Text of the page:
So, my life is pretty busy at the moment; full time business with three kids and a fourth on the way (people keep calling me crazy, probably true). Plus my husband loves hosting dinner parties pretty much EVERY weekend, which leaves little time for getting stuck into many box sets or series. In fact, I can’t really remember when I last got properly hooked on a series, I think it was The Handmaid’s Tale, which was the one programme that actually got me forgetting about the terrible morning sickness that graced my first three months of pregnancy. Nothing has really grabbed my attention since this, that is until McMafia. Let me be honest here, the series is a million miles a way from the sort of thing that would normally lure me in, and I know a lot of people have panned it for being unpenetrable and boring, but it had me hooked. Not only was my husband’s best friend, Sam Hoare, playing an important role in it (which instantly makes it worth a watch), but also as you get to see James Norton as the son of a Russian Oligarch flitting in a tuxedo (most of the time) between Doha, London, Moscow and Eilat. His character, Alex Godmans, has spent his life trying to escape from the shadow of his past, building his own legitimate business and forming a close relationship with girlfriend Rebecca. The murder of his corrupt uncle, however forces Alex back into a web of organised crime. The plot in places gets a little complicated (especially for anyone who maybe like me suffering from COMPLETE baby brain or not being able to sit still through a film from start to finish) but nevertheless it remains involving, expertly cast and gripping. A must watch for anyone wanting to be hooked from start to finish and of course well worth it for anyone wanting to see James Norton dressed in a Bond style tuxedo. A new role beckoning there…?
Deputy Editor Phil‘s Watching: Friday Night Lights
Friday Night Lights is more American than the Mount Rushmore sculptures eating apple pie while Nascar racing. The show, which runs to five seasons, centres around high school (American) football coach Coach Taylor and his team, The Panthers. I’m not a sports nut, I barley understand the rules of (proper) football, but small-town America just gets under your skin. This parochial Texas environment where high school (American) football offers an escape from reality, or to university, is endlessly fascinating. Think The OC with (American) football and fewer long words. I can’t recommend this show enough, Kyle Chandler (Bloodline and Argo) and his on-screen wife played by Connie Britton (Nashville and Spin City) make this a delight. After all five seasons I tried to watch the Super Bowl. Turns out that after 76 episodes of a (American) football show I had learnt precisely nothing about the game, which can only be an endorsement.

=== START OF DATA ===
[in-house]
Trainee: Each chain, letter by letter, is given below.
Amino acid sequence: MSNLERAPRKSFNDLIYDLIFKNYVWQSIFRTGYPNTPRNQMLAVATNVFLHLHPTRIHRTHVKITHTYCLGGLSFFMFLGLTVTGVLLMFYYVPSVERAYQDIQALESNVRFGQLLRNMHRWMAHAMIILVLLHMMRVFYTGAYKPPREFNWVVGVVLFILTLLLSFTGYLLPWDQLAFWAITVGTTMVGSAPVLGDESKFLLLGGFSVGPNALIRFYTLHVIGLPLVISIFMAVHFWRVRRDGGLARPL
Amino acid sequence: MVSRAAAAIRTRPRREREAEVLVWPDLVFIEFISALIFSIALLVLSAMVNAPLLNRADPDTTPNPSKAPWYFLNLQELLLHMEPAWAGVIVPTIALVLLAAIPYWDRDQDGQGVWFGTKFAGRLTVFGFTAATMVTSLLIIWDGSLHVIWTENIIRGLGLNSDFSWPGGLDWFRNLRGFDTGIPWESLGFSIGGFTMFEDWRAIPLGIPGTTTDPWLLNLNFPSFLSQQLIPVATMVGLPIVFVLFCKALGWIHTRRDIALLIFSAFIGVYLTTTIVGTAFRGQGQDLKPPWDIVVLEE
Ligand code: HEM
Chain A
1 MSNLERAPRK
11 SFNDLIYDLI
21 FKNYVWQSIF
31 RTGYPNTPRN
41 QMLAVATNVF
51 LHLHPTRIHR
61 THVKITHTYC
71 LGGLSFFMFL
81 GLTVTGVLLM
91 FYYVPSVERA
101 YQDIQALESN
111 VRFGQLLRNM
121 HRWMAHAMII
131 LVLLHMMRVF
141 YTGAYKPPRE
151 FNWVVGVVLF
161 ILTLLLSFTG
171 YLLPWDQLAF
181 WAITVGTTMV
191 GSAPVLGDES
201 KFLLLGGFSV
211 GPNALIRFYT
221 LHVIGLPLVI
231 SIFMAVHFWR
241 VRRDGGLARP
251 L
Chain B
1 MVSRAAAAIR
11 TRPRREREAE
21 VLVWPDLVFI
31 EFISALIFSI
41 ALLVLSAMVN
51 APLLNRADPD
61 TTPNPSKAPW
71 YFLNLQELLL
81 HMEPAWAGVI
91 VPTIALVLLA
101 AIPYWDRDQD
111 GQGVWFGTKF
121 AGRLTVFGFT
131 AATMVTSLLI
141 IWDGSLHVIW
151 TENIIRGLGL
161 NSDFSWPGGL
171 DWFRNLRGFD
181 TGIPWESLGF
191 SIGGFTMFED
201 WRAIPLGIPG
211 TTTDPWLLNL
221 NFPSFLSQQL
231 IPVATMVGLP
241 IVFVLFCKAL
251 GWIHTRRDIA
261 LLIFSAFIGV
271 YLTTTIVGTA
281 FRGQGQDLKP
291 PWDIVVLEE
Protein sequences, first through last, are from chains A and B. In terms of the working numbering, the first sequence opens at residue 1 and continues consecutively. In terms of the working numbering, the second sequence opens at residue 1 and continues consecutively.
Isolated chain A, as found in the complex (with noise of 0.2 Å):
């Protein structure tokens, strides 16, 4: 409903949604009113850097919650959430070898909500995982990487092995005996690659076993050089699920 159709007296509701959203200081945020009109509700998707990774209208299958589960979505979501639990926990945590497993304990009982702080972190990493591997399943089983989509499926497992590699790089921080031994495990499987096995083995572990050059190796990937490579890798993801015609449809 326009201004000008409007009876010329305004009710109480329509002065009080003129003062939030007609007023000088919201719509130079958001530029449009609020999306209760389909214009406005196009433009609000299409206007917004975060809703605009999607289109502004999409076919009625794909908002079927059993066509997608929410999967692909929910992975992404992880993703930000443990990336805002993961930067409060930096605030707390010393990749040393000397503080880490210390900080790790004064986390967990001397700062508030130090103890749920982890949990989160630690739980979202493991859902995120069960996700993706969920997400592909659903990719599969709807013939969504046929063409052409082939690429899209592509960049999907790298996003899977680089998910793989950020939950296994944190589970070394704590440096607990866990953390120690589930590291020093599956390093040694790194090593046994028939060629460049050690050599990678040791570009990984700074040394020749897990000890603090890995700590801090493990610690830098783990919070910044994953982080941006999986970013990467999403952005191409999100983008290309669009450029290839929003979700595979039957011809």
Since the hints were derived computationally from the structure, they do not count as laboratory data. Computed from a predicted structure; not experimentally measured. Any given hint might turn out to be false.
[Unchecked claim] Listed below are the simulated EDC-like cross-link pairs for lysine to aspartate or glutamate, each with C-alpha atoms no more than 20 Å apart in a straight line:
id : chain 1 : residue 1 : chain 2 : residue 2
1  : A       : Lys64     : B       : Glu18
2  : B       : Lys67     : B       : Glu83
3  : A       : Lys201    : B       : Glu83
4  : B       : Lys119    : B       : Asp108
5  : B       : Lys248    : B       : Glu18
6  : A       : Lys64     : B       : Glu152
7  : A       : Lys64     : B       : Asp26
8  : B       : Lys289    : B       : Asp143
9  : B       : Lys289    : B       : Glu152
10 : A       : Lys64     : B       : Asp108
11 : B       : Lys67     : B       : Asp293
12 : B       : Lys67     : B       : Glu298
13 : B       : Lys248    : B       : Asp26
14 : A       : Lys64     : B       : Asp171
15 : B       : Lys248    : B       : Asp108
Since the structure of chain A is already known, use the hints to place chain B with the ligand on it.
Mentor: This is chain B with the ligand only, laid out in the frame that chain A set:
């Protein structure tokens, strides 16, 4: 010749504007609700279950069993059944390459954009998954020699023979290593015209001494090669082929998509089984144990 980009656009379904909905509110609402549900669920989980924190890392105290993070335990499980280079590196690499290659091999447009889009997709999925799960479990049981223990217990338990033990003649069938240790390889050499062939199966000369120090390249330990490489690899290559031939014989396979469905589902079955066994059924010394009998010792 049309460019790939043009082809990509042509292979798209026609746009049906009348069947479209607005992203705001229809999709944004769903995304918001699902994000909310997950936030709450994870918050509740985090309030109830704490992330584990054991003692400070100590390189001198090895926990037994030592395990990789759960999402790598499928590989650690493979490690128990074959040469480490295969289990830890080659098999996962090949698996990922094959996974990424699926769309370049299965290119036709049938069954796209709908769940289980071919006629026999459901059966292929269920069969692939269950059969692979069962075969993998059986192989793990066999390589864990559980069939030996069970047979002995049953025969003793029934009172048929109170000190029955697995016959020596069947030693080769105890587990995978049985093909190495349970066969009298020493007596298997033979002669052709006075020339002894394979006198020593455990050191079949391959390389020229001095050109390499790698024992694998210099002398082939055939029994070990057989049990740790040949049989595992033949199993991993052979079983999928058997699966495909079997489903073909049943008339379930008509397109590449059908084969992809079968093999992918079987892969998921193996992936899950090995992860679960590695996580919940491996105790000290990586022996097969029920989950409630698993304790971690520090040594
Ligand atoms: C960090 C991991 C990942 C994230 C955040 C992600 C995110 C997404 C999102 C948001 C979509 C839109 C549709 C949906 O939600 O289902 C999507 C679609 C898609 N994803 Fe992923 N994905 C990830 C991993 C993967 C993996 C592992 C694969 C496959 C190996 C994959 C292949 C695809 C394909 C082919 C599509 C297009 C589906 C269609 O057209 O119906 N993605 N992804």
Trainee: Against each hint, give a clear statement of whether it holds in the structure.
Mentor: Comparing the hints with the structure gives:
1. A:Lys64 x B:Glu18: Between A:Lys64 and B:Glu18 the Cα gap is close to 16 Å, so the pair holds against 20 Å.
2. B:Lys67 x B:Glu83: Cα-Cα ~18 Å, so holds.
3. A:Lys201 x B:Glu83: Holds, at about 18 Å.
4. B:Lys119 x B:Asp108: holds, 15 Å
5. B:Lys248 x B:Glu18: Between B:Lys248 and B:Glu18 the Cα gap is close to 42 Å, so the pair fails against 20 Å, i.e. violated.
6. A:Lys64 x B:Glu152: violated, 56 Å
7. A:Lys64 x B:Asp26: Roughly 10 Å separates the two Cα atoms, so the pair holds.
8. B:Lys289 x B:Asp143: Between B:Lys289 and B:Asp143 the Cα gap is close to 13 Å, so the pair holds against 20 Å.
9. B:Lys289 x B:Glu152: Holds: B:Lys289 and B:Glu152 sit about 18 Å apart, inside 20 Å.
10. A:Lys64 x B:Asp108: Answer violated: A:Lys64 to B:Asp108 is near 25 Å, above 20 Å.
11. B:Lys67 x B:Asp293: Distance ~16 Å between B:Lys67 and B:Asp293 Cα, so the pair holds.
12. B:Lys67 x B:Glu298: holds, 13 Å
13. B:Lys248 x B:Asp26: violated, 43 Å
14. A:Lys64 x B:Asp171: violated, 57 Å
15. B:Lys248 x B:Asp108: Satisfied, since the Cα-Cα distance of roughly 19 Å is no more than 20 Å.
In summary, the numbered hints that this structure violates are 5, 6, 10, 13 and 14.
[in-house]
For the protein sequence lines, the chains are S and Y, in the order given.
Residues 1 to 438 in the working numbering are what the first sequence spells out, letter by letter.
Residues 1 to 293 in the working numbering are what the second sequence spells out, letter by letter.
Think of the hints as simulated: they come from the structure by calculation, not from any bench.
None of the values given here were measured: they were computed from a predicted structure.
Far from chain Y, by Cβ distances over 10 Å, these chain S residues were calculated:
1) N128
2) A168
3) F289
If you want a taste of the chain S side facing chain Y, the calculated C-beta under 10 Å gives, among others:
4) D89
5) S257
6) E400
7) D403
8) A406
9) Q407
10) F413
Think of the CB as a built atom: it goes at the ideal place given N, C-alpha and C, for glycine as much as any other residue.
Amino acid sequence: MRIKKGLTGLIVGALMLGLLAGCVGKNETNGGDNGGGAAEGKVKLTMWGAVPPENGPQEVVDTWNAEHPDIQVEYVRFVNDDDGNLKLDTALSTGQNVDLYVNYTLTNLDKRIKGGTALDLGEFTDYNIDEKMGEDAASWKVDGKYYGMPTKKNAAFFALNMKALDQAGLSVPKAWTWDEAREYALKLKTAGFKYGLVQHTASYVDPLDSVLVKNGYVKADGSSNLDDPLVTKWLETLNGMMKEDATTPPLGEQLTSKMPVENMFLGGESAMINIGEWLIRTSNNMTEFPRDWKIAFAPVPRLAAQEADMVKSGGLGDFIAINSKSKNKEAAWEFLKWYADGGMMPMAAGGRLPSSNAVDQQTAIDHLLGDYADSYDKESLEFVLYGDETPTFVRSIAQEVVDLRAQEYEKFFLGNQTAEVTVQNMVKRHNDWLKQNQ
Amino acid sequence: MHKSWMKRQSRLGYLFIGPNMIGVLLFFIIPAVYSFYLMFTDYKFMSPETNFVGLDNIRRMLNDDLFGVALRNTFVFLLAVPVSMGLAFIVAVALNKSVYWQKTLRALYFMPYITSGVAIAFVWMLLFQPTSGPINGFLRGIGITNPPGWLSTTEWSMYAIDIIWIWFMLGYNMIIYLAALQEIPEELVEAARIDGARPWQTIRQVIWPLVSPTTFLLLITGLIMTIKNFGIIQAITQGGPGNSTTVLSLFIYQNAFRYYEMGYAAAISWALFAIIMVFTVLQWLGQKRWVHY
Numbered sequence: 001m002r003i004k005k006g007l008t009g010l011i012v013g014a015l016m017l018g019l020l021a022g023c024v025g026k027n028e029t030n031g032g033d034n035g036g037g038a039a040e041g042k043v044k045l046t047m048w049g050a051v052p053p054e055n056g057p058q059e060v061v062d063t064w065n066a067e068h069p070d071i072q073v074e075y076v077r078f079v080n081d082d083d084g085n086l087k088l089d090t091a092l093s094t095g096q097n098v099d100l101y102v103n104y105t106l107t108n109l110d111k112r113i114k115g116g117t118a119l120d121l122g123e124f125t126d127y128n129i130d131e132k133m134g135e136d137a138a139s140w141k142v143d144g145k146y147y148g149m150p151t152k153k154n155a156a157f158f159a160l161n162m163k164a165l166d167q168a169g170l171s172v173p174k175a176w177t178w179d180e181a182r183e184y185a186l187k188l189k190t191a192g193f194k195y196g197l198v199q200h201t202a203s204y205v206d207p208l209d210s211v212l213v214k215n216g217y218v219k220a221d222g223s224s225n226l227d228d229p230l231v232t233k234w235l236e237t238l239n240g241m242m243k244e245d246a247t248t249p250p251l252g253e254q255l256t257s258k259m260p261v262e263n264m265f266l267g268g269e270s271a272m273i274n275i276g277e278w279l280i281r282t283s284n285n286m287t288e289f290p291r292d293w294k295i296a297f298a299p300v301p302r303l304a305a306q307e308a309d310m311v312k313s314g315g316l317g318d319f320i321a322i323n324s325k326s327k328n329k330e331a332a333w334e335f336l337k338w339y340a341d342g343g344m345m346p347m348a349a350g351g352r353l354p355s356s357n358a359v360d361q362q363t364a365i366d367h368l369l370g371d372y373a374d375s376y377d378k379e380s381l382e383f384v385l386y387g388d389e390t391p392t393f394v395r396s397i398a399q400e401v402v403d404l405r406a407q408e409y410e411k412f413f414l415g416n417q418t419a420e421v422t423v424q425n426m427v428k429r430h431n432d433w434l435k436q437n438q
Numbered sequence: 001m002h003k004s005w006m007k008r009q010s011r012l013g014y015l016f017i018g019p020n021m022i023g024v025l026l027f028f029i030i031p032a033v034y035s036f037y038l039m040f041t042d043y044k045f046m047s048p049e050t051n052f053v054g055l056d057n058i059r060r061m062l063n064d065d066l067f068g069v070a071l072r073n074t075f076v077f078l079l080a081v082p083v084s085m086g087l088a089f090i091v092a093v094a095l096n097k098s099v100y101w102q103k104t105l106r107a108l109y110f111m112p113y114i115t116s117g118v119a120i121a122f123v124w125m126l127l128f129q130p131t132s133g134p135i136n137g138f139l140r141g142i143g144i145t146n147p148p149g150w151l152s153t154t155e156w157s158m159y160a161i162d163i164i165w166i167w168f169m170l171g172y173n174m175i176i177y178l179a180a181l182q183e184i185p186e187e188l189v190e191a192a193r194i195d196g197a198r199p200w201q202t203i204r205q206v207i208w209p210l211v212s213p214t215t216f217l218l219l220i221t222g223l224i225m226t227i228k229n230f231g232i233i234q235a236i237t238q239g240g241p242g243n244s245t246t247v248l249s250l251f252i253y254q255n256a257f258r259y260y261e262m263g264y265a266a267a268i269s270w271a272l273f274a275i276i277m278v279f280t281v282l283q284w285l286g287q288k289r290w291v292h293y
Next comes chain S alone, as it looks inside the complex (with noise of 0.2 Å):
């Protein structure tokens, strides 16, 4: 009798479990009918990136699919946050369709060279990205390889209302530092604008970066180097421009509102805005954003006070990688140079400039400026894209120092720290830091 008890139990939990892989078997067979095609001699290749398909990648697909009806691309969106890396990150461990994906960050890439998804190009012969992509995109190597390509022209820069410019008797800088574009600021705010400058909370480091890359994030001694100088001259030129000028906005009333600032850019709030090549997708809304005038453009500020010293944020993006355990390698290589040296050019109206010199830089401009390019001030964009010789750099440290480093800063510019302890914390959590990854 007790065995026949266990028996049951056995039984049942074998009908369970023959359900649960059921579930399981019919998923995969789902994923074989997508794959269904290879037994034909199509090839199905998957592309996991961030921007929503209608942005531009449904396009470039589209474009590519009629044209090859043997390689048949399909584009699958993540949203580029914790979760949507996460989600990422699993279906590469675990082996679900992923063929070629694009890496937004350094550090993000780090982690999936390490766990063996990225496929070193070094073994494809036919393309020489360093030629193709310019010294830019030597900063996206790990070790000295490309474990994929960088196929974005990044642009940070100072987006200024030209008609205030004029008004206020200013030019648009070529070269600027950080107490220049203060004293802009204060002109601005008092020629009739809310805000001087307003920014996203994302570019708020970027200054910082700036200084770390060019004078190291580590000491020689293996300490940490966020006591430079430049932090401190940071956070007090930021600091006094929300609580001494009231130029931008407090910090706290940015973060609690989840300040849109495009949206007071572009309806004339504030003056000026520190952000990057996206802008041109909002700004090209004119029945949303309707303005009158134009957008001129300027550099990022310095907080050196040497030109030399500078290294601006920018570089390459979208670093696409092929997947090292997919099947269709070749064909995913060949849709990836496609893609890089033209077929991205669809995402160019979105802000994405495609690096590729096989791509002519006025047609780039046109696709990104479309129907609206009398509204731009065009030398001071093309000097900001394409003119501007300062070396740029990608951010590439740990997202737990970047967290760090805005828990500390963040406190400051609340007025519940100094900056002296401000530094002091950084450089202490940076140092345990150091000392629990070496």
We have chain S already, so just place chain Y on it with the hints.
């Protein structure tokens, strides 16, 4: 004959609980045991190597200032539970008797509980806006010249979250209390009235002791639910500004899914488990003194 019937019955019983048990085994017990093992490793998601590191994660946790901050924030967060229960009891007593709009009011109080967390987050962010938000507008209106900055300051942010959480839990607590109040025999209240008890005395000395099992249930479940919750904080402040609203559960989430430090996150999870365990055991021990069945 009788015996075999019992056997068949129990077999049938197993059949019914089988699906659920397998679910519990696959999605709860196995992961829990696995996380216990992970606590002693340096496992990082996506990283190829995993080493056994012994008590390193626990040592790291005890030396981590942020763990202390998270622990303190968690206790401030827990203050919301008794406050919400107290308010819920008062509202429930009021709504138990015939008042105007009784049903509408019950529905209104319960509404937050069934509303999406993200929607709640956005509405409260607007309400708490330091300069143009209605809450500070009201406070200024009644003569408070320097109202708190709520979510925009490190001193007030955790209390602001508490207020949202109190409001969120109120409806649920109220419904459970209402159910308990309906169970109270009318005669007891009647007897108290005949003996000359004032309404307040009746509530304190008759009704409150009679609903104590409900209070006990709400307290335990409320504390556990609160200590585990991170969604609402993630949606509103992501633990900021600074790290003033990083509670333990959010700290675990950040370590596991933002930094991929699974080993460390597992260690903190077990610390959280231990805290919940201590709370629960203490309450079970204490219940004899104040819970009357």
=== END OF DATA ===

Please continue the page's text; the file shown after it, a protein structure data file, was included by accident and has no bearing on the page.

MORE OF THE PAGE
Emily’s Watching: The Sinner
You know things are more than just a one- off Bumble date, when you start watching a boxset together. You’re locked in then. For the duration of the series at least. Now is when you’re going to learn an important lesson: can you trust them not to watch any episodes without you? The Sinner was the first boxset that I started watching with a guy (apparently guys aren’t a fan of Miranda…even though it is ‘such fun!’) and I’m pleased to say the trust is still there. Oh, and also that The Sinner, is actually rather good and definitely worth a watch. It’s only eight episodes and each less than an hour so you can definitely binge it, in a day. You’re not going to get your whodunit fix with The Sinner, but you are going to be asking why a lot, rather like a persistent toddler Why did Jessica Biel stab someone to death on the beach (it happens in the first couple of minutes…it’s not exactly a spoiler)? Why can’t she remember things? Why does she have flashbacks of wallpaper? I would tell you, but then you won’t trust me to not ruin things for you…
Charlotte’s Watching: Dexter
So, Dexter hasn’t been on for 5 years and it pains me as much today as when I watched the final episode knowing it was all coming to an end. Dexter is the glorious, tongue-in-cheek series about a blood spatter expert who also happens to be a serial killer. He’s pretty hot (important I know) and manages, with some close calls, to keep his secret from his family and his very close sister who also happens to be a police woman – what are the chances right? Dexter is a slightly more loveable serial killer than say, Ted Bundy, as he corrects his moral compass by only killing other murderers, and he also has an amusing aversion to most people – who can blame him? Slightly less sex in this one but plenty of gore with slick plot lines and dark humour.